Office of the Deaf and Hard of Hearing Aging and Long-Term Support Administration

Transforming RSC staff at each regional service center has gone through ACT equipment training offered by a professional trainer on how to set up and use the equipment. They will be training community organizations and agencies on how to set up the equipment for their public meetings. If necessary they will help set up the ACT equipment at the meeting site. Some individuals with a hearing loss who do not wear hearing aids or cochlear implants may be able to listen to the sound amplification from an FM system by using a receiver with headphones or earbuds. The ability to conveniently hear the sound amplifications will depend on the individuals hearing loss. There are more than 500,000 people in Washington State residents that have a hearing loss and this includes senior citizens, late deafened, state employees and veterans. Some of these individuals are DSHS clients and may not be aware of the available technology that can assist them in hearing better during their visits to CSO offices, Regional Service Centers and agencies that offer client based services. Portable Room Loop Kit (PRLK) System The portable Room Loop Kit includes HLD7 Loop Driver; 1 RX-20 Loop Listener; 10 RX-20 Loop Listener earbuds; MIPRO Dual Channel Receiver; Handheld microphone; Lapel microphone with bodypack transmitter and speaker with a stand. The PRLK has the capability to amplify auditory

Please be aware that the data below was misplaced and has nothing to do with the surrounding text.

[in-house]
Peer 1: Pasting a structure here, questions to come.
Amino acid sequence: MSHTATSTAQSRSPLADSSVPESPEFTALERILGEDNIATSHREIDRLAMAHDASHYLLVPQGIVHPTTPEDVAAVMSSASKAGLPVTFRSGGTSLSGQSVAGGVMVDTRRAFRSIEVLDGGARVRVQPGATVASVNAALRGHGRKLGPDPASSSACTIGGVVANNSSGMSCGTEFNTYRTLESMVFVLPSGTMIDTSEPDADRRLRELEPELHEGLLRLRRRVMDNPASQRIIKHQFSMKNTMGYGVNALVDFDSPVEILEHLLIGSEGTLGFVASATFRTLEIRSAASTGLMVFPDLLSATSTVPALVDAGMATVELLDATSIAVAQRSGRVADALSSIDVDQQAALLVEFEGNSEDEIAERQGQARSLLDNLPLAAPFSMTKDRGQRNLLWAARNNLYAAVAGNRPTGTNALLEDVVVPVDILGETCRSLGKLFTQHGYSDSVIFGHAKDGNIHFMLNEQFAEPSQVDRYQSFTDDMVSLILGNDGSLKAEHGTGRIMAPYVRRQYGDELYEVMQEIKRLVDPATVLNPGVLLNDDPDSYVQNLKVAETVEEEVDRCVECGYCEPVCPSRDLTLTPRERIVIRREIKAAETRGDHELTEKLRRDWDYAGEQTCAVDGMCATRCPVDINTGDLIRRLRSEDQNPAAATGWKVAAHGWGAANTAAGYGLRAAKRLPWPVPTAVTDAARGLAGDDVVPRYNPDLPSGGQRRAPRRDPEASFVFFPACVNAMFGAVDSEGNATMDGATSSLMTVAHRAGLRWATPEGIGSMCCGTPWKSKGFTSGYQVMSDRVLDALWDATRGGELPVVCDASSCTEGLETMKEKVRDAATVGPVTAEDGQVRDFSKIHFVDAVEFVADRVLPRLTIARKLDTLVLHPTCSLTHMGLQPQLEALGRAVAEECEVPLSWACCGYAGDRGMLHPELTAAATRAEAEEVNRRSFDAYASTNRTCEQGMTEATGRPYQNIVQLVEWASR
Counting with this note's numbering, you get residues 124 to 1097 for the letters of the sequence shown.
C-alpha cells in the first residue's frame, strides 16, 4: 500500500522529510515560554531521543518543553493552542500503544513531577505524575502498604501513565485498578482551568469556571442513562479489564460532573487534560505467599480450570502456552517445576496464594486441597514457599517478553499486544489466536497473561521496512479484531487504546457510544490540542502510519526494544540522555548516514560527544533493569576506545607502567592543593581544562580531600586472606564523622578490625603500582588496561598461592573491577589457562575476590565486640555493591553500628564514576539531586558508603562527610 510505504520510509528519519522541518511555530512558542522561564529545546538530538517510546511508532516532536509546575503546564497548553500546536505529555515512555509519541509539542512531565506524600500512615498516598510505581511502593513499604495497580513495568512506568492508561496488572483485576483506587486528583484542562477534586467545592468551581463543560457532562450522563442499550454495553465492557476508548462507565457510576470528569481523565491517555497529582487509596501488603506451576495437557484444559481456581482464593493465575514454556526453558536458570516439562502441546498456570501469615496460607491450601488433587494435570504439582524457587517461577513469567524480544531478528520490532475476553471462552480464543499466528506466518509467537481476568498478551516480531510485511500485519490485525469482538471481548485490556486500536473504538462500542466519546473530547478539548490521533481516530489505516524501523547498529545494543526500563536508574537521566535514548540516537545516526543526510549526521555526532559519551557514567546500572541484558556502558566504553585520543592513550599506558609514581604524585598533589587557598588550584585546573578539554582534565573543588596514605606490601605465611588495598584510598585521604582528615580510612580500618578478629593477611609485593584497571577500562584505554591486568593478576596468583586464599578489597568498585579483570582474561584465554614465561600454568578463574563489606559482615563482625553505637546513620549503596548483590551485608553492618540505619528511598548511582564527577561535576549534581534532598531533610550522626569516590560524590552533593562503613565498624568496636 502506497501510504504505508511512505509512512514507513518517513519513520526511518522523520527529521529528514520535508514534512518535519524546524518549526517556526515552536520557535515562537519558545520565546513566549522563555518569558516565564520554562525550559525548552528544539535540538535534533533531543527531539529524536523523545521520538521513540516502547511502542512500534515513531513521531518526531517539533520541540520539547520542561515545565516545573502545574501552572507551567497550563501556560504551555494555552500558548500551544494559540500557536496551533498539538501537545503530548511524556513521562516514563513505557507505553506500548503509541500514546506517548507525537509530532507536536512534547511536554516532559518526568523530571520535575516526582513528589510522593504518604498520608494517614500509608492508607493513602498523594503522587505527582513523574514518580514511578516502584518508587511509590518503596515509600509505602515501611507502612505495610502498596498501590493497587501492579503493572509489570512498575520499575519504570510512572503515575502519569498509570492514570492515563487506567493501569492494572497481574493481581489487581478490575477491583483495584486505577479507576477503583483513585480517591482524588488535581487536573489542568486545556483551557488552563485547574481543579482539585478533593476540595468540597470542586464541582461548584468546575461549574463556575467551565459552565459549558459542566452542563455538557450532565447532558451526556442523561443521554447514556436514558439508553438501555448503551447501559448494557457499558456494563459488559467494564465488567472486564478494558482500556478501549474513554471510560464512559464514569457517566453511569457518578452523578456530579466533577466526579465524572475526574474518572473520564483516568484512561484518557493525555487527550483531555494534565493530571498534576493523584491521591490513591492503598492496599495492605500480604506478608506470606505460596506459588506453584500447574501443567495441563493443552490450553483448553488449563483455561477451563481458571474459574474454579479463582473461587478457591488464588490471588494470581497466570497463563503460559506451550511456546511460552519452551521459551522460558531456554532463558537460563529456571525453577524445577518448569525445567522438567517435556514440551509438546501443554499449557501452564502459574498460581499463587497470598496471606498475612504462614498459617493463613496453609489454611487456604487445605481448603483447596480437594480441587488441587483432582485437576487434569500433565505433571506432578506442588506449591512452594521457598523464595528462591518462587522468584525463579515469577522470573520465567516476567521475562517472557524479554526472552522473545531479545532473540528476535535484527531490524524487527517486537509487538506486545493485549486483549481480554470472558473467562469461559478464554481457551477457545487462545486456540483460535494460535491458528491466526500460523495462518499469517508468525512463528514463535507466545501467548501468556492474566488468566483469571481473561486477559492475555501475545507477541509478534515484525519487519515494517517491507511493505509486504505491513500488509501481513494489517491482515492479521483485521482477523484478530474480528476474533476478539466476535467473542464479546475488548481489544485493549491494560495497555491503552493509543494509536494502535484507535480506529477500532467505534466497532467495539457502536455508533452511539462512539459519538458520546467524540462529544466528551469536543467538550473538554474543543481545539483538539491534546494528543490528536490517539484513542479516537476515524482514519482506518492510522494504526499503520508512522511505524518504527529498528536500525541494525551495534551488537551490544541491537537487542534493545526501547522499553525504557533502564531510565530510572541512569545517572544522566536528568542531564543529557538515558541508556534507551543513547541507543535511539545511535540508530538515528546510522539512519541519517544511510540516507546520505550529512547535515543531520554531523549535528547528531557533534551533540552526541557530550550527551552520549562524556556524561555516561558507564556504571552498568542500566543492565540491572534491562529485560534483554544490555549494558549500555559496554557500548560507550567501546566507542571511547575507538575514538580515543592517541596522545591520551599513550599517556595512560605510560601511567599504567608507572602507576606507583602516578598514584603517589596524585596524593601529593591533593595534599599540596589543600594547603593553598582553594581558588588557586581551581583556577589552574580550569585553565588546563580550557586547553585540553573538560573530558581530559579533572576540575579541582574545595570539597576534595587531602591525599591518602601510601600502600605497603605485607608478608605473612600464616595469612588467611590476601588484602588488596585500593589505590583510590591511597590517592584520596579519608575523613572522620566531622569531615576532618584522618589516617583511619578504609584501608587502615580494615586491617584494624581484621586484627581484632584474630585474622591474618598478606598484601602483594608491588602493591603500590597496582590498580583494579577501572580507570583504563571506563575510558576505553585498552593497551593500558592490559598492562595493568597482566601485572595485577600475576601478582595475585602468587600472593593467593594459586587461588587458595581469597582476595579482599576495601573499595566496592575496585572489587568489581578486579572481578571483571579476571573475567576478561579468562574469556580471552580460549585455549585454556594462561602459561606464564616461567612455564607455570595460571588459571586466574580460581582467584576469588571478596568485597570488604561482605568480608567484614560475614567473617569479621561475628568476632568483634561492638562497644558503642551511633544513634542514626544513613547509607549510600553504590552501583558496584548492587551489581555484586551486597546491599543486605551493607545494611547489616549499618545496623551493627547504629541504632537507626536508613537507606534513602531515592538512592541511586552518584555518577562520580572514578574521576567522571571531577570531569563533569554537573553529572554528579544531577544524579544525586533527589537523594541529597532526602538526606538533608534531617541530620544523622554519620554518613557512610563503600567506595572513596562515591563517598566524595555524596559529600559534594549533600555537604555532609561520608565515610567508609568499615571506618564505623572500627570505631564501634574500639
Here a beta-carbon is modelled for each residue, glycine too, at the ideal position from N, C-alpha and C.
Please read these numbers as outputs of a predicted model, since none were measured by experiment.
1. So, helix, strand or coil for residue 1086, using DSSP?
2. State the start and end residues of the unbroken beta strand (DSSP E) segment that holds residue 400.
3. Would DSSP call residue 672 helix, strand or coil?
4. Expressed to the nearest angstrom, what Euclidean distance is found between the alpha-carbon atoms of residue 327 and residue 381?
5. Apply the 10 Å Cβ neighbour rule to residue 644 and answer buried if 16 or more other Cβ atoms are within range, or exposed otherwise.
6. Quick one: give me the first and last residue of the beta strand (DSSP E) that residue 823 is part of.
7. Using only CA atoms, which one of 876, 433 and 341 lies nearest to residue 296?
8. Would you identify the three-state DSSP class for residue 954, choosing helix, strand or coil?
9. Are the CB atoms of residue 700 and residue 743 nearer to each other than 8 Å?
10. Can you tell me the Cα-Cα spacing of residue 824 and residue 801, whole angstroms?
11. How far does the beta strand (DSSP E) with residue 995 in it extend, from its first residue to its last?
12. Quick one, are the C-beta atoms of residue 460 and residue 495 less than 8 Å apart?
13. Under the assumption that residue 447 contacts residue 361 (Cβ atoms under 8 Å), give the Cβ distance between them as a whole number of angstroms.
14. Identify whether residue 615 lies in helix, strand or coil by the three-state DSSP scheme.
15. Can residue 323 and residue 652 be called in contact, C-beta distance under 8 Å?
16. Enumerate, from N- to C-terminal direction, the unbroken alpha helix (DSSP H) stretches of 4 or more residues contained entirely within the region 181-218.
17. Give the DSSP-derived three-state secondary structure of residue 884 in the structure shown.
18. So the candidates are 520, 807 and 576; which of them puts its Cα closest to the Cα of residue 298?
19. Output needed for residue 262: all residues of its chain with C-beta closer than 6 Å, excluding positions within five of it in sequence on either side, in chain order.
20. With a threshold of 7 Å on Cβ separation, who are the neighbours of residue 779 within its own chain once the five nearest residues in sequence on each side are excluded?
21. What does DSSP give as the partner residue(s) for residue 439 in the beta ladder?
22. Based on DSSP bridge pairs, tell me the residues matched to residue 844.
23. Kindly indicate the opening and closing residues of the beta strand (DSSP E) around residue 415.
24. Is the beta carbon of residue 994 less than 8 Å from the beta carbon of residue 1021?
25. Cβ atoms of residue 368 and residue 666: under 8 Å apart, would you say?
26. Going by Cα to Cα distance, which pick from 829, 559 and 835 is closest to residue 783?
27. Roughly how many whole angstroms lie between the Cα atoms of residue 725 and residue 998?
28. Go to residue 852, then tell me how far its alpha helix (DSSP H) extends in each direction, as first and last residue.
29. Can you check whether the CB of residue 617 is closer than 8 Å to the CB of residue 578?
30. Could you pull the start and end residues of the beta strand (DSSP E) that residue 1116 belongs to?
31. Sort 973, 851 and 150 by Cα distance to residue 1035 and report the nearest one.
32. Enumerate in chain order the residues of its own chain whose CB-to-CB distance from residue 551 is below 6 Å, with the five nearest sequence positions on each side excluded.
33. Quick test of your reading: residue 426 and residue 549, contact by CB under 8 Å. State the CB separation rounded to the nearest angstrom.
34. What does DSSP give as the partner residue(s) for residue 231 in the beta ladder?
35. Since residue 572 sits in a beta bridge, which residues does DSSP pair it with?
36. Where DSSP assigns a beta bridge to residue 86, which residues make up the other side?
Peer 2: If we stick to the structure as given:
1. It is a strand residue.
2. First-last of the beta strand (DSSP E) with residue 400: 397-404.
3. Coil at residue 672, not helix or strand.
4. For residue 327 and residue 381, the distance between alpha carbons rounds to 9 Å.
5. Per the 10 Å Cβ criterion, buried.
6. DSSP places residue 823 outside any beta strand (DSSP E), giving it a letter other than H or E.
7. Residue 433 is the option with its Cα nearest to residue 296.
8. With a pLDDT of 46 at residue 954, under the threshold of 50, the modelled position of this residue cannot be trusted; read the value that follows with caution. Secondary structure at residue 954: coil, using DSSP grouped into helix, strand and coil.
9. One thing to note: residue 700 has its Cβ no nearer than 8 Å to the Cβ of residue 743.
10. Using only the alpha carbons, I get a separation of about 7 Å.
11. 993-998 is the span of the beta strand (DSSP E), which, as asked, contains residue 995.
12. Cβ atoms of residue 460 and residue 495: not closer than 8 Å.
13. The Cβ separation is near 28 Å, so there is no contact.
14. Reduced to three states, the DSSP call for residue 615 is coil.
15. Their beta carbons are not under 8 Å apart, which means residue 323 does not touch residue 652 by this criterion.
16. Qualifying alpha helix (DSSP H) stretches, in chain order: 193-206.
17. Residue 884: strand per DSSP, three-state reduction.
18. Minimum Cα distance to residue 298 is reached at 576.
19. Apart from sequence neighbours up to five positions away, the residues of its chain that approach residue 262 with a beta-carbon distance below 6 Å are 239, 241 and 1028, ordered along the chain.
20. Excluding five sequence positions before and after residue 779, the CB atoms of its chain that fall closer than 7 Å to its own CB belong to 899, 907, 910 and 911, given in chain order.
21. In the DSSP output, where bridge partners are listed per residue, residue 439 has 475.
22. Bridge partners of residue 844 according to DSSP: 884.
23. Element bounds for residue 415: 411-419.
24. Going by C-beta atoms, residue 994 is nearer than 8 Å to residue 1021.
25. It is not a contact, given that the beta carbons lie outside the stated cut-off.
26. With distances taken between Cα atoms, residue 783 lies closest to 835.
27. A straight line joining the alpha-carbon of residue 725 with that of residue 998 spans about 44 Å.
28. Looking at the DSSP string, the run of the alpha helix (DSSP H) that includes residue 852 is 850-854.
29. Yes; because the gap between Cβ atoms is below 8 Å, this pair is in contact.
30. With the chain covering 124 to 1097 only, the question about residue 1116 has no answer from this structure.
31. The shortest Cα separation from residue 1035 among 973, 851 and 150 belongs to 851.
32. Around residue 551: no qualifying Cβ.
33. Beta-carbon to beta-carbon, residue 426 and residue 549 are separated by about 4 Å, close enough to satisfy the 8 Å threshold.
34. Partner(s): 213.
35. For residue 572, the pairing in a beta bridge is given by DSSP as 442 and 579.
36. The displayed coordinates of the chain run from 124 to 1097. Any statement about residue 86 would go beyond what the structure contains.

sounds up to a

500 sq ft room.


Office of the Deaf and Hard of Hearing Aging and Long-Term Support Administration

Transforming Lives

There are a variety of applications for using the PRLK, which include the following: Conference/Board Rooms/Small conferences/Class rooms/Public meetings The individual who comes into these temporarily looped rooms will just need to turn on their t-coil switch to conveniently listen to the amplified sounds in the room. William Sound TGS Pro 738 FM Kit The WS TGS Pro 738 FM kit includes 10 receivers, 2 T46 transmitters, 1 T27 transmitter, 10 Neck loops, 10 headphones, 2 lapel microphones. The T46 transmitters are good up to 150 ft and the T27 will submit transmitted signals up to 1,000 ft and can be connected the an AV sound system with microphones. This kit is ideal for the following situations: Board meetings/Small conferences/Class rooms/Public meetings/1:1 meetings The individual who uses this kit can use the neckloops and receivers that connect directly to the hearing aid or cochlear implant with a t-coil switch. Individuals who do not wear hearing aids can listen to the amplified sounds by wearing headphones connected to a receiver.